For someone like Areno, it is impossible to accept any alternative. To accept the necessity of some state oversight of the free market would be to concede ground to the other side of the political divide—in effect, to betray her team.
Type #2: Worshippers
In the context of conservative Louisiana politics, the Worshipper accepts pollution and its resultant negative health outcomes in the name of jobs and material wealth. Even tragedies like the Bayou Corne sinkhole are justifiable, because they are a small price to pay for the wealth and prosperity that the free market brings. While pollution may be regrettable, it is something to be endured. In life, sometimes you must sacrifice things you want for the greater good.
One Louisiana woman named Jackie Tabor is a quintessential Worshipper. In detailing her life story, she discusses the series of houses she’s lived in with her husband, each a step above the previous one. But she reminds herself that she couldn’t live in nicer homes or have a better standard of living until she had truly earned it. Striving for too much too fast would have run counter to God’s plan for her and her husband.
There is a deeper lesson here: You shouldn’t grab too quickly for your slice of the dream. Sometimes things aren’t meant to be, and your role is to be happy and accept whatever fate delivers. This ties in nicely with anti-welfare conservative politics. Taxing the “makers” to give to the “takers” runs counter to this ethic of sacrifice and renunciation and represents an unnatural interference with God’s plan. In this worldview, there is an inviolable hierarchy—and some people are simply meant to be at the bottom of it.
Type #3: Cowboys
Conservative Cowboys are motivated by their fierce pride in their independence and belief that risk and danger are necessary parts of life.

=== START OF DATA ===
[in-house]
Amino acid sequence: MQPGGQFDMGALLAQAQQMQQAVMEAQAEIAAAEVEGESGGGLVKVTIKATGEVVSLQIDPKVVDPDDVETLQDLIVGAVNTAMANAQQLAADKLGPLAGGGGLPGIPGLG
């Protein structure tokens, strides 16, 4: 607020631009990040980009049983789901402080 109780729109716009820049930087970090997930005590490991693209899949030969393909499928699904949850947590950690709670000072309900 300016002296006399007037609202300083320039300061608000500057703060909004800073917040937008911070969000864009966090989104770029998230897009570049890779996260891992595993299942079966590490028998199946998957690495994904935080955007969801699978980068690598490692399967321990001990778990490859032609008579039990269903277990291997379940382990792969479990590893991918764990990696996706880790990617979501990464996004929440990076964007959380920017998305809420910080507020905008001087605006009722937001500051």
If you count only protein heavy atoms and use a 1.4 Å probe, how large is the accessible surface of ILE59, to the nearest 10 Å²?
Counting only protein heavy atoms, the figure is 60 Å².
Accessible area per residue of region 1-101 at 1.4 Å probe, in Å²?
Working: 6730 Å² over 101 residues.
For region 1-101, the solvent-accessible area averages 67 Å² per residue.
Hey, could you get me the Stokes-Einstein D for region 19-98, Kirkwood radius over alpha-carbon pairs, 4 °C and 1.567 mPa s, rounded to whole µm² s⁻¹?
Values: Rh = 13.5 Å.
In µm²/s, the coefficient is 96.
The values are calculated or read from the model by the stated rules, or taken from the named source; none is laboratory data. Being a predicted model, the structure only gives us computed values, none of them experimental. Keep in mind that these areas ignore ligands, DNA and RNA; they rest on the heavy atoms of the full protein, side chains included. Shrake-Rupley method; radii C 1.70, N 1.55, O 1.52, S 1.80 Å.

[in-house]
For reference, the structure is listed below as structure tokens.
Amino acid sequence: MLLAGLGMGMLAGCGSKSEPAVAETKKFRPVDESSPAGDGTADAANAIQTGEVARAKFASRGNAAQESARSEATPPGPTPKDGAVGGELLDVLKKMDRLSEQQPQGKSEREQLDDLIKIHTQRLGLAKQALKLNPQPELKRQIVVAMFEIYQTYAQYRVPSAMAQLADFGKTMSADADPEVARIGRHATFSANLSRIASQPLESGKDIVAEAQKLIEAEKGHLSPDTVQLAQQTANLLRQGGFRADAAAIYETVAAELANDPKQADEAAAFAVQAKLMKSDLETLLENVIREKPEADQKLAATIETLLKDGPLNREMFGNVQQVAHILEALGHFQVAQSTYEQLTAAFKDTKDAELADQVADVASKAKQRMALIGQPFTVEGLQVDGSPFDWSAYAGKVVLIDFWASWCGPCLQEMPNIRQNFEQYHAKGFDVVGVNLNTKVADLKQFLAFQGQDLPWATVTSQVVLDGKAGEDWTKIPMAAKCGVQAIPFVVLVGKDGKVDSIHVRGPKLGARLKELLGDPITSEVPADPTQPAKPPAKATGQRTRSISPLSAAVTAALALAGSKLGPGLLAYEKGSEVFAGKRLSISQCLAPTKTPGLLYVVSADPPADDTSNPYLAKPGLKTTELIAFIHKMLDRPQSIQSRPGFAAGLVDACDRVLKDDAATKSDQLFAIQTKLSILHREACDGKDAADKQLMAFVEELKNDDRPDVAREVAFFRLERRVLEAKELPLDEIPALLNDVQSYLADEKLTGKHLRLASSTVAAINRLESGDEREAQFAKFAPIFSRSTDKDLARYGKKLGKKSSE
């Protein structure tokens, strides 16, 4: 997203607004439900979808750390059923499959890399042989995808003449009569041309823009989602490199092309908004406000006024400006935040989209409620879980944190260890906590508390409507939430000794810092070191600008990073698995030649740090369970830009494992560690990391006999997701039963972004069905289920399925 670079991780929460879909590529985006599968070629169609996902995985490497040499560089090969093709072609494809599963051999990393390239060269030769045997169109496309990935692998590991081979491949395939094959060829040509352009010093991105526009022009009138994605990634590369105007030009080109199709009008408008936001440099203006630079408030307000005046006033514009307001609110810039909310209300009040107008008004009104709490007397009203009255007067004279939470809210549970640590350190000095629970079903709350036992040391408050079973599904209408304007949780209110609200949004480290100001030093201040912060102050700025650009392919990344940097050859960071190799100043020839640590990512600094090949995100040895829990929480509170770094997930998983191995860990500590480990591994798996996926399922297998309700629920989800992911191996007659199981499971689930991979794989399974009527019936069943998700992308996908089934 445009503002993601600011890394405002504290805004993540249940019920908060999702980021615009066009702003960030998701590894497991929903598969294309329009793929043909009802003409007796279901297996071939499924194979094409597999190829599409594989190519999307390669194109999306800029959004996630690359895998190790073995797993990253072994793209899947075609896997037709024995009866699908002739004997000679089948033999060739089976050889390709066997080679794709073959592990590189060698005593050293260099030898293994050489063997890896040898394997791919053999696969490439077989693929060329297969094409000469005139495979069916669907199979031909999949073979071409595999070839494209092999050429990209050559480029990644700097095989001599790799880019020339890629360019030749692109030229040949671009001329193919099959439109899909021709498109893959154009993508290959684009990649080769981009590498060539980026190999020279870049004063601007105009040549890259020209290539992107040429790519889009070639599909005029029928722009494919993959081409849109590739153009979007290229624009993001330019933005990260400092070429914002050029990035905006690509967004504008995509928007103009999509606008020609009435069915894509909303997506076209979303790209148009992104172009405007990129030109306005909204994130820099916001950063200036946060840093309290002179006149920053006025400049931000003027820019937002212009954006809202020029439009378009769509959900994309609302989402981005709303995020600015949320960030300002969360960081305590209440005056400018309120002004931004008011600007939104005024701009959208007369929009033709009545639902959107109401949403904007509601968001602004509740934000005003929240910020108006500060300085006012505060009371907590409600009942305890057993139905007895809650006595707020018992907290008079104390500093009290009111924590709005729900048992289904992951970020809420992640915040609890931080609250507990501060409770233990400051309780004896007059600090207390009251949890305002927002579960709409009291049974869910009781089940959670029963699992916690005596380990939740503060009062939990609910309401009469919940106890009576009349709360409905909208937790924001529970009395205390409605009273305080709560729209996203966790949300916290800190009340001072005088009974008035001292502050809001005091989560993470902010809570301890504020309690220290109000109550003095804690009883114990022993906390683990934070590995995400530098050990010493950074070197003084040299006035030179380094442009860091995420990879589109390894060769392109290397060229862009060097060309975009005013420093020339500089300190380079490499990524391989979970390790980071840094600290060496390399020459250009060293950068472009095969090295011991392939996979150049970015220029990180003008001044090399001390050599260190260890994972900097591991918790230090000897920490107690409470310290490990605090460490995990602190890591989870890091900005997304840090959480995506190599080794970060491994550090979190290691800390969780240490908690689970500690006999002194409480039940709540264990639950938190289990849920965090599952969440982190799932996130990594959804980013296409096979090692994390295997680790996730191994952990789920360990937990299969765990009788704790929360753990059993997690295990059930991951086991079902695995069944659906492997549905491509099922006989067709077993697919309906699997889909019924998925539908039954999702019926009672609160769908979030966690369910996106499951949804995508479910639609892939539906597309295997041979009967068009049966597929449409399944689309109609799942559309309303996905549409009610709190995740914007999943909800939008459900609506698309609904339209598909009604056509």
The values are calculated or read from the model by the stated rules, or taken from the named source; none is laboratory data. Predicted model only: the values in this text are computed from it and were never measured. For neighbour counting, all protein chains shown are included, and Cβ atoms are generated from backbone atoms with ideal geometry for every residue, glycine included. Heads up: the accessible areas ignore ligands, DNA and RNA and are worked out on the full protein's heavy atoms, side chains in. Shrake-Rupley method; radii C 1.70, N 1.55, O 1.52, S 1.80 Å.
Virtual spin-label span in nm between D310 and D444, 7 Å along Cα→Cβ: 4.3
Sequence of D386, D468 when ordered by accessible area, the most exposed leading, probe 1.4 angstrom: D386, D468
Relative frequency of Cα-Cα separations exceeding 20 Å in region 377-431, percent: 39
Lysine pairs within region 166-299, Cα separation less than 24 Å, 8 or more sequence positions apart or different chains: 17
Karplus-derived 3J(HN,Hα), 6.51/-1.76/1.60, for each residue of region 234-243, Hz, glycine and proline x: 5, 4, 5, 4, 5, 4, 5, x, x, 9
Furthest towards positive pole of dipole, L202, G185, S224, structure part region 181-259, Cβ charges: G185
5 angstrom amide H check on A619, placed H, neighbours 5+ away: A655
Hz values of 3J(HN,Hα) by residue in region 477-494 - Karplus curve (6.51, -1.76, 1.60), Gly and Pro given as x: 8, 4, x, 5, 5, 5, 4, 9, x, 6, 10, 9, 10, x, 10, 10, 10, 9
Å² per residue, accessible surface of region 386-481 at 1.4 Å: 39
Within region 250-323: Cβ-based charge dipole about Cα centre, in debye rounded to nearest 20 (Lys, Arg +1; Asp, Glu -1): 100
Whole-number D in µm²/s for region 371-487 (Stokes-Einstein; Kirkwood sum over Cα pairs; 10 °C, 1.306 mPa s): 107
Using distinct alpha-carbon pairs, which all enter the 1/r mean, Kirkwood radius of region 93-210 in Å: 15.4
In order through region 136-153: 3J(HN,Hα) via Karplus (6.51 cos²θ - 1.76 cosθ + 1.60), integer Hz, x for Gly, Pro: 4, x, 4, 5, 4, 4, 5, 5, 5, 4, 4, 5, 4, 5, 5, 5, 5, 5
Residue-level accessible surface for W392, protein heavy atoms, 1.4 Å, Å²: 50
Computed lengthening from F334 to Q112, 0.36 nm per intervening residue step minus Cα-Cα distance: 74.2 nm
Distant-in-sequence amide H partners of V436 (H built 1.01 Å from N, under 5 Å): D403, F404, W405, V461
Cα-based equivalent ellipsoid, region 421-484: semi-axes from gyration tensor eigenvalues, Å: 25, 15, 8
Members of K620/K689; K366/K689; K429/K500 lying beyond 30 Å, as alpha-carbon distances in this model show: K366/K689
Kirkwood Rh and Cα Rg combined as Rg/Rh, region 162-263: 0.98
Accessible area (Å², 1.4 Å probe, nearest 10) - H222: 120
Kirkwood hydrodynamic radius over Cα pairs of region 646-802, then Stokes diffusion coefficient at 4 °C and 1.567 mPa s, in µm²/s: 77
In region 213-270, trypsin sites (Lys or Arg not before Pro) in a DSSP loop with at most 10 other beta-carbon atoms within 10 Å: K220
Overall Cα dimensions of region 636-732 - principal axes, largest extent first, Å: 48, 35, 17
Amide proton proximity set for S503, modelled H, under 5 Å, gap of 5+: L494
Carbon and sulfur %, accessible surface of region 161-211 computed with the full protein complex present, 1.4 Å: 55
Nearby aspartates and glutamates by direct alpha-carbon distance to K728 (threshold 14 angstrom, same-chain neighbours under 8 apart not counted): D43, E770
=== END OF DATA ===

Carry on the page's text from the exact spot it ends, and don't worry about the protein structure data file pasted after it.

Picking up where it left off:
For Cowboys, state regulations forbidding a company from dumping waste in a bayou or mandating individuals to wear seatbelts make people weak and dependent on the government for their own safety. The only way the United States was able to develop into an advanced economy and society, they claim, was because entrepreneurs had the freedom to take risks. And risks are essential to progress.
A Cowboy doesn’t run to the government for a handout when he gets into an accident on the job or contracts cancer through exposure to chemicals. He recognizes that he is the only one responsible if he gets hurt or sick—not the company and certainly not the government.
This worldview is closely tied to traditional notions of masculinity. A real man values toughness, endurance, bravery, and honor. It is unmanly and dishonorable to rely on the government or to seek redress for your problems through the legal system. A real man instead sucks it up, grits his teeth, and solves his own problems.
This attitude is backed up by sociological data. One 1997 study found that white males engaged in the most risky manual labor professions were significantly less concerned about exposure to dangerous occupational conditions than workers who were less exposed to danger on the job.
One Louisiana man named Donny McCorquodale embodies the conservative cowboy archetype for white conservatives. He believes that even the most basic safety regulations are unnecessary and harmful. When discussing the possibility that an old petrochemical leak from 1994 might threaten the structural integrity of a nearby bridge—one that happens to carry an average of 50,000 vehicles per day—McCorquodale insists that it is not the government’s role to guarantee public safety.
He does so on explicitly “cowboy” grounds, arguing that risk is an important and necessary part of progress. Regulation, he says, threatens to stifle innovation and entrepreneurship. It’s impossible to make an entirely safe world—and any attempt to do so is an inversion of the “natural order.” As for those unfortunate souls who happen to contract cancer because they drank poisoned water or died in a bridge collapse caused by chemical leaks that undermined the piling supporting the bridge? They are just collateral damage, their lives the price of freedom and progress.
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- What drives right-wing politics in America